Nendo Link photo
Maestro please
Last time our reviews editor Rio McCarthy and I teamed up we talked about our collective joy and frustration over Real Action Heroes Link. It seems only appropriate then that we reunite in textual form to look at another vari...

Tomopop Review: Kotobukiya's ARTFX J Eren Yaeger

Jan 13 // Martin Siggers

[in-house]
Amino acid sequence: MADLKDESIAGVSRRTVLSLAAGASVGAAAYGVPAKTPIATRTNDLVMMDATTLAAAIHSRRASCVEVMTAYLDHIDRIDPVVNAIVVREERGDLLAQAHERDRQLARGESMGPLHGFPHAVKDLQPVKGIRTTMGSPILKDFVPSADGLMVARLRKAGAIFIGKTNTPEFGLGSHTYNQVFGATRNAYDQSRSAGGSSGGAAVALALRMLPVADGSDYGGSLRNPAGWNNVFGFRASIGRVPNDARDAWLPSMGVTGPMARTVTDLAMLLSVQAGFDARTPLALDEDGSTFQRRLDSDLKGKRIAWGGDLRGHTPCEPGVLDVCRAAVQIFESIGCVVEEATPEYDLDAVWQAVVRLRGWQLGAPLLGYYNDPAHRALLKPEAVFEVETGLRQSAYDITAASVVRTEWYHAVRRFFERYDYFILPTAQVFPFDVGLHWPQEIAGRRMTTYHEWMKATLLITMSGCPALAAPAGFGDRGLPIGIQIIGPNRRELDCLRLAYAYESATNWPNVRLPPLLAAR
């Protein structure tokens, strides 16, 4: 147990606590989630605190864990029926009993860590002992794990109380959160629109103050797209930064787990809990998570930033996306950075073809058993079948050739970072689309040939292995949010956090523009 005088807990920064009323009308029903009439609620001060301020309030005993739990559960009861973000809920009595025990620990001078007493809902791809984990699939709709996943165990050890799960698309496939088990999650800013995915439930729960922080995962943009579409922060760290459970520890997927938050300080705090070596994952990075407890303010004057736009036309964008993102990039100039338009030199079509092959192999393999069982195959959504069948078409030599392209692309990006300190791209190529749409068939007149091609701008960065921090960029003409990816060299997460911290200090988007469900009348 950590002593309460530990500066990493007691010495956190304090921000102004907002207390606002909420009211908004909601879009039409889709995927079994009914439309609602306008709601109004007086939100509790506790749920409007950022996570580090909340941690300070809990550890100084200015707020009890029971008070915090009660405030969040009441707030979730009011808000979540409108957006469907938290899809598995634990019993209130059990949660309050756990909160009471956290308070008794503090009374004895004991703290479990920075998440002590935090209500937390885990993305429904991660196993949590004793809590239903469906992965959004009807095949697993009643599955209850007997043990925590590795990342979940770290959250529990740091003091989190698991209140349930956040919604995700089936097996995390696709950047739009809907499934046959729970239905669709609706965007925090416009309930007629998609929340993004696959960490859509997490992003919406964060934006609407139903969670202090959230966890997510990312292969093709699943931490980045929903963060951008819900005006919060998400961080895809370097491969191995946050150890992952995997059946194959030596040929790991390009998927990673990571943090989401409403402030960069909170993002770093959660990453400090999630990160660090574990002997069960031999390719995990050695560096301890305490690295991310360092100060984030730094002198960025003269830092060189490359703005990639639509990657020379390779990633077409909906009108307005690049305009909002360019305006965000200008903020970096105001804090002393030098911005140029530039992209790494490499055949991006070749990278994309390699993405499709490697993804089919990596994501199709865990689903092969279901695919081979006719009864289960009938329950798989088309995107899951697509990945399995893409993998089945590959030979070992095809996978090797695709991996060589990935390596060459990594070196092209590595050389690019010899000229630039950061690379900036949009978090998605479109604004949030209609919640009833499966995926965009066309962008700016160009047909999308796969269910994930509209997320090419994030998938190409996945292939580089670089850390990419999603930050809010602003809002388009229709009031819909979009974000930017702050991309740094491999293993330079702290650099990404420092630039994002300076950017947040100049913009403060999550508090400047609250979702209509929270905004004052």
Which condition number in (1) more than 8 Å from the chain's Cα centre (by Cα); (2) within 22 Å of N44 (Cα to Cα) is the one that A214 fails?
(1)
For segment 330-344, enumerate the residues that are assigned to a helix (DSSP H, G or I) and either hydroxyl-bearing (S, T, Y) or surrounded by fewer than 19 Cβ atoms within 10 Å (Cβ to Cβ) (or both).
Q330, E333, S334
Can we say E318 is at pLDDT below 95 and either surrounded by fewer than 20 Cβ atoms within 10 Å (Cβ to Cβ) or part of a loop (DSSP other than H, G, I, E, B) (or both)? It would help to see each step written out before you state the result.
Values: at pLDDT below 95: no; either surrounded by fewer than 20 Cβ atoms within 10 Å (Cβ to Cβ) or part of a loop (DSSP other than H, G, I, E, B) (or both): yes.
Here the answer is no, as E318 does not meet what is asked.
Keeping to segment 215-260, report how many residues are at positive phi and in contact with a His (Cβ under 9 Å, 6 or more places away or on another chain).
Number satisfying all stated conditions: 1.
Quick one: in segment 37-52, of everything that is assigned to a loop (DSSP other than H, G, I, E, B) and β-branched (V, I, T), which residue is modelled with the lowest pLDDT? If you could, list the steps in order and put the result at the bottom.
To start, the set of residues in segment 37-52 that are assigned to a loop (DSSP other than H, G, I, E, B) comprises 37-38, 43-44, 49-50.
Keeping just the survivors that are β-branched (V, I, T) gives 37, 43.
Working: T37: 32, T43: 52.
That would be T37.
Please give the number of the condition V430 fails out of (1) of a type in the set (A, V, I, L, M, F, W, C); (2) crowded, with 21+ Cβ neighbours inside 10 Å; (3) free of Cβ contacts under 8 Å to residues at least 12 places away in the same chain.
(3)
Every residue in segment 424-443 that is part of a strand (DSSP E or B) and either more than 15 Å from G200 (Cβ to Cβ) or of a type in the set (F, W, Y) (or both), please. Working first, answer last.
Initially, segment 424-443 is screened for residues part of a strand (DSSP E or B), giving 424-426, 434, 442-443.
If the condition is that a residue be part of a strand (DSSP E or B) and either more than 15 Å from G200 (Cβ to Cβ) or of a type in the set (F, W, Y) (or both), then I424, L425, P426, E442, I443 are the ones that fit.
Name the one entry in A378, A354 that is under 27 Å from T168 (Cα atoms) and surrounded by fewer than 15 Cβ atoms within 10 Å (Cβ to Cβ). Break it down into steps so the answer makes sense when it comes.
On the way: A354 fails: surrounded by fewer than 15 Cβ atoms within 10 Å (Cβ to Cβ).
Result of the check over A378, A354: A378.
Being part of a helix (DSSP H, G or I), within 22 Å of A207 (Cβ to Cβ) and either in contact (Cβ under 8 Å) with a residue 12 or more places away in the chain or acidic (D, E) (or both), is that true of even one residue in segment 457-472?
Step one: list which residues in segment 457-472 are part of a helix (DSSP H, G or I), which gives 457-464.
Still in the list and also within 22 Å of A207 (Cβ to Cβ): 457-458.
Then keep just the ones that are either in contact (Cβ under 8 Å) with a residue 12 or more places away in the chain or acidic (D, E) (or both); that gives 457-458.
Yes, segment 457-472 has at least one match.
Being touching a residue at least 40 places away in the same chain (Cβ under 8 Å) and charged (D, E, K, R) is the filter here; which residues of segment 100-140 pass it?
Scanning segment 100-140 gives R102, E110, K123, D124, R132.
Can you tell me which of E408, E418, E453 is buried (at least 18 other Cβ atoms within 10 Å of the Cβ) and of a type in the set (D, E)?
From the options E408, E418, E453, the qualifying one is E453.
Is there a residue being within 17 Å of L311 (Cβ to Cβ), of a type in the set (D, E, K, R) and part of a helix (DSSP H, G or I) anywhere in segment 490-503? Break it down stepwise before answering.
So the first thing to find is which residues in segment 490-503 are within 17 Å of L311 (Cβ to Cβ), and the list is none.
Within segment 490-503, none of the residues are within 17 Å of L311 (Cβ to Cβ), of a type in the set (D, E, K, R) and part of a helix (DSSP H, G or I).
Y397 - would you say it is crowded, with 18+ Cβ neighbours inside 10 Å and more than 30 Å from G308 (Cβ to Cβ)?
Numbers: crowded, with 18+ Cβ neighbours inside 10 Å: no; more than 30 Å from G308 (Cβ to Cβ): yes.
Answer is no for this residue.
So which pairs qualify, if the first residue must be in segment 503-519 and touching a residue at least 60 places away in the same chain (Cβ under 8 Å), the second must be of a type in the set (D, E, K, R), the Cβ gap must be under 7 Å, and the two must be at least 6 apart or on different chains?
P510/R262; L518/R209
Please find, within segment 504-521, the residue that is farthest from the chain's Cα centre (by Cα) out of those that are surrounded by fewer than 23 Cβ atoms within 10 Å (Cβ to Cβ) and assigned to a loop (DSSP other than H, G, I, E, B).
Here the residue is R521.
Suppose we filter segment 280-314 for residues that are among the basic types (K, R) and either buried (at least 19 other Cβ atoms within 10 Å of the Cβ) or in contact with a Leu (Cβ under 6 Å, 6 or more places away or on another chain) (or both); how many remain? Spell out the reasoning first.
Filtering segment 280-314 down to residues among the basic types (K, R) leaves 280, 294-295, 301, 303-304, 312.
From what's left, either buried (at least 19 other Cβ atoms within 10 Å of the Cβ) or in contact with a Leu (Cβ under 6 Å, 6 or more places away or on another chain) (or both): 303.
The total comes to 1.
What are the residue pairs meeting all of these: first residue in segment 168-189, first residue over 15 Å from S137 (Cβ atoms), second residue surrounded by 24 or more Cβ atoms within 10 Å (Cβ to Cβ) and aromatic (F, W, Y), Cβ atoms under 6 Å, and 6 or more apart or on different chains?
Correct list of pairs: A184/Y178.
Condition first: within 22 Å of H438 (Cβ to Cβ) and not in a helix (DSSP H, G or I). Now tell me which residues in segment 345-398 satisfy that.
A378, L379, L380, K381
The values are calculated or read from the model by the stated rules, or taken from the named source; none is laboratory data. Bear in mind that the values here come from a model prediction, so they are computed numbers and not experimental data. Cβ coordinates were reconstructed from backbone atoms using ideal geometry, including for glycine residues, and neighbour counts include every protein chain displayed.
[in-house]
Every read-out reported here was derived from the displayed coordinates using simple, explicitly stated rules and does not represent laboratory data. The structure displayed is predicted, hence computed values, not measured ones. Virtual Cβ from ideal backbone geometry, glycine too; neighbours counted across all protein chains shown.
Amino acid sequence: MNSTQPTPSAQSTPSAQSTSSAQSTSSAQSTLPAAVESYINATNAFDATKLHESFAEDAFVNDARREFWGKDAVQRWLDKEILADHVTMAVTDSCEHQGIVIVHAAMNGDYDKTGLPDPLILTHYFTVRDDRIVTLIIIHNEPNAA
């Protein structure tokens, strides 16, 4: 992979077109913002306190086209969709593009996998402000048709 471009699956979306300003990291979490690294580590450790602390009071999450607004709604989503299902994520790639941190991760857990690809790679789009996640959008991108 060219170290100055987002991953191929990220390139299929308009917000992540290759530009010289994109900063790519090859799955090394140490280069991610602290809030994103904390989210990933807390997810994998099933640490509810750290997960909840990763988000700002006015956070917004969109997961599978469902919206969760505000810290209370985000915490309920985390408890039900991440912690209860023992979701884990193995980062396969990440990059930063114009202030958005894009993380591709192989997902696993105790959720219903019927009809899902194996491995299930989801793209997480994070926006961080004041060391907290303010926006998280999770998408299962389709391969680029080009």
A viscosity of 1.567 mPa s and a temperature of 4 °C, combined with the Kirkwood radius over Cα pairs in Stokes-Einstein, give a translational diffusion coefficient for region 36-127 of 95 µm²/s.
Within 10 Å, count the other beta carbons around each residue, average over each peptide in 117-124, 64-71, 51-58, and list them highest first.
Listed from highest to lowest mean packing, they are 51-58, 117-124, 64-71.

Figure Name: ARTFX J Eren YaegerFigure Maker: KotobukiyaRetail Price: ¥11,000Available at: Hobbylink Japan  Eren's box is certainly going for the 'grimy, gritty, military' aesthetic, plastered as it is in camouflage pattern. Problem is, it just contributes to the overall messy look. I've made my liking for clean, simple box designs apparent in past review but I think even someone who prefers a lot of stuff on their packaging would agree this is not the way to do it. There's two names (both spelt wrong, since the official romanization is 'Yaeger'), a bunch of logos and just general sloppy look to the whole thing. Not a great start. Fortunately, this base gives off a much better impression. It's a hefty chunk of solid plastic with a beautiful glossed finish and some excellent paintwork. It's always hard to reproduce wood, and it's probably fair to say this looks more like an artist's impression of a tree than an actual tree, but it's still a fine effort. Too often people forget how important a decent base or stand is to the overall look of a figure, so it's nice to see some effort put in. Speaking of that overall look though...wow. This is one of those toys that really leaps out at you immediately (no pun intended). I've long praised figures that go for dynamic, in-the-moment poses and this is definitely one of them. You can feel the action and the motion come out at you. The entire thing feels like a freeze frame more than a static scene. From behind the arrangement is equally striking and it's pretty clear Kotobukiya didn't frontload all their care onto the display side of the figure, since the reverse is still beautifully sharp and detailed. This also gives us a good look at how the figure is able to appear to 'fly'. It's because Eren is only connected to the base by one peg and that's on his gear rather than on himself. I was initially a little nervous about this method but it's a strong, solid peg that plugs in deep and has the dual bonus of being tough and not being very obtrusive. I will say that while Eren balances quite well if left untouched, this is definitely one figure you don't want in the range of glancing blows. One light bump will send the whole construction tumbling, so take care. There's also a second display option for Eren, which is to have him on show without the cape. This is achieved simply by popping his head off and lifting the entire part out through the nect joint. There are pros and cons to either look - he looks more streamlined without the cape, but personally I appreciate the drama it adds. Note as well the fine detail touch of the trad on the soles of the boots. I've always found that detailed shoe bottoms are the sign that someone took real care with a figure, as silly as that may sound. Butt shot time! However, unlike most review butt shots, this one actually has a purpose, namely to show off the exquisite care that's been put into reproducing the show's trademark 3D Maneuver Gear. All of these pulleys and rigs would be hidden under the cape were it attached, but that hasn't stopped Kotobukiya from achieving an impressive level of micro-detailing.  From the side, as well, the gear is a masterpiece in miniature, showing off sharp, crisp paint lines, excellent metallic textures and fine sculpting. Kotobukiya haven't gotten piping down to as fine an art as, say, Alter yet - check out the slight spill on the leg strap - but overall fit and finish is highly commendable. The plastic tubes which run from the gear to the sword handles are in fact solid pieces of flexible plastic which come in a separate package and simply plug in peg style to the belt. The other end attaches to the handle of the sword, as you can see here. The swords are again the beneficiary of an excellent detailing job - check out the patterned grip on the sword, which is an actual textured sculpt rather than just a paint-on. The sword blades come separately and plug into the handles, and are alarmingly thin and bendy. This helps in one sense since it means they're less likely to snap, but you have to take great care or else you'll end up with permanently kinked blades. Incidentally, the sword handles aren't removable, as the hilts and the hands are permanently molded together. Eren's face is simple, but excellent, conveying rage and intensity without looking too insane or over the top. A little bit of texturing to the hair helps it avoid the dreaded plastic-bowl-cut syndrome. As anyone who's read one of my previous reviews knows, I love flashy cloth sculpts, so it's no surprise I much prefer Eren with his cape on. There's some good detailing here too with the bunching cloth around the neck area and the breezier flapping as it comes out. There's also a telling indication of the strong and weak points of Kotobukiya's work here. The cape's logo is actually embossed rather than simply being paint or transfer, which a lovely, expensive feeling touch. But it's also rather sloppily painted, with the blue and white quite clearly not reaching down to the base of the raised segments. It's a great touch but also one that's not quite all the way there yet. Gratuitous crotch shot! It's worth it for the chance to see the great work Koto have done with the cloth around the stomach and groin area, which pulls and wrinkles very naturally. Notice again though some slight sloppiness in the paint, particularly around the straps and buckles. You have to look hard but it's not quite 100% there. More great texture work on the boots. I'm especially impressed that the little trailing lace at the top is actually independently moulded and not just sunken into the surface of the main boot. It's very fragile and easy to catch on things though so beware. Overall though, I am very very impressed. Kotobukiya still can't quite go toe-to-toe with GSC or Alter on pure fine detail work, but they're getting closer and closer every time and the strength of the fabulous sculpt alone is enough to carry this figure over any minor quibbles and into highly desirable territory. In a sea of lookalikes, Kotobukiya have succeeded in making this the one you should care about, and for all intents and purposes it's the essential Attack On Titan figure. [Colossal thanks to Hobbylink Japan for supplying Eren for this review.]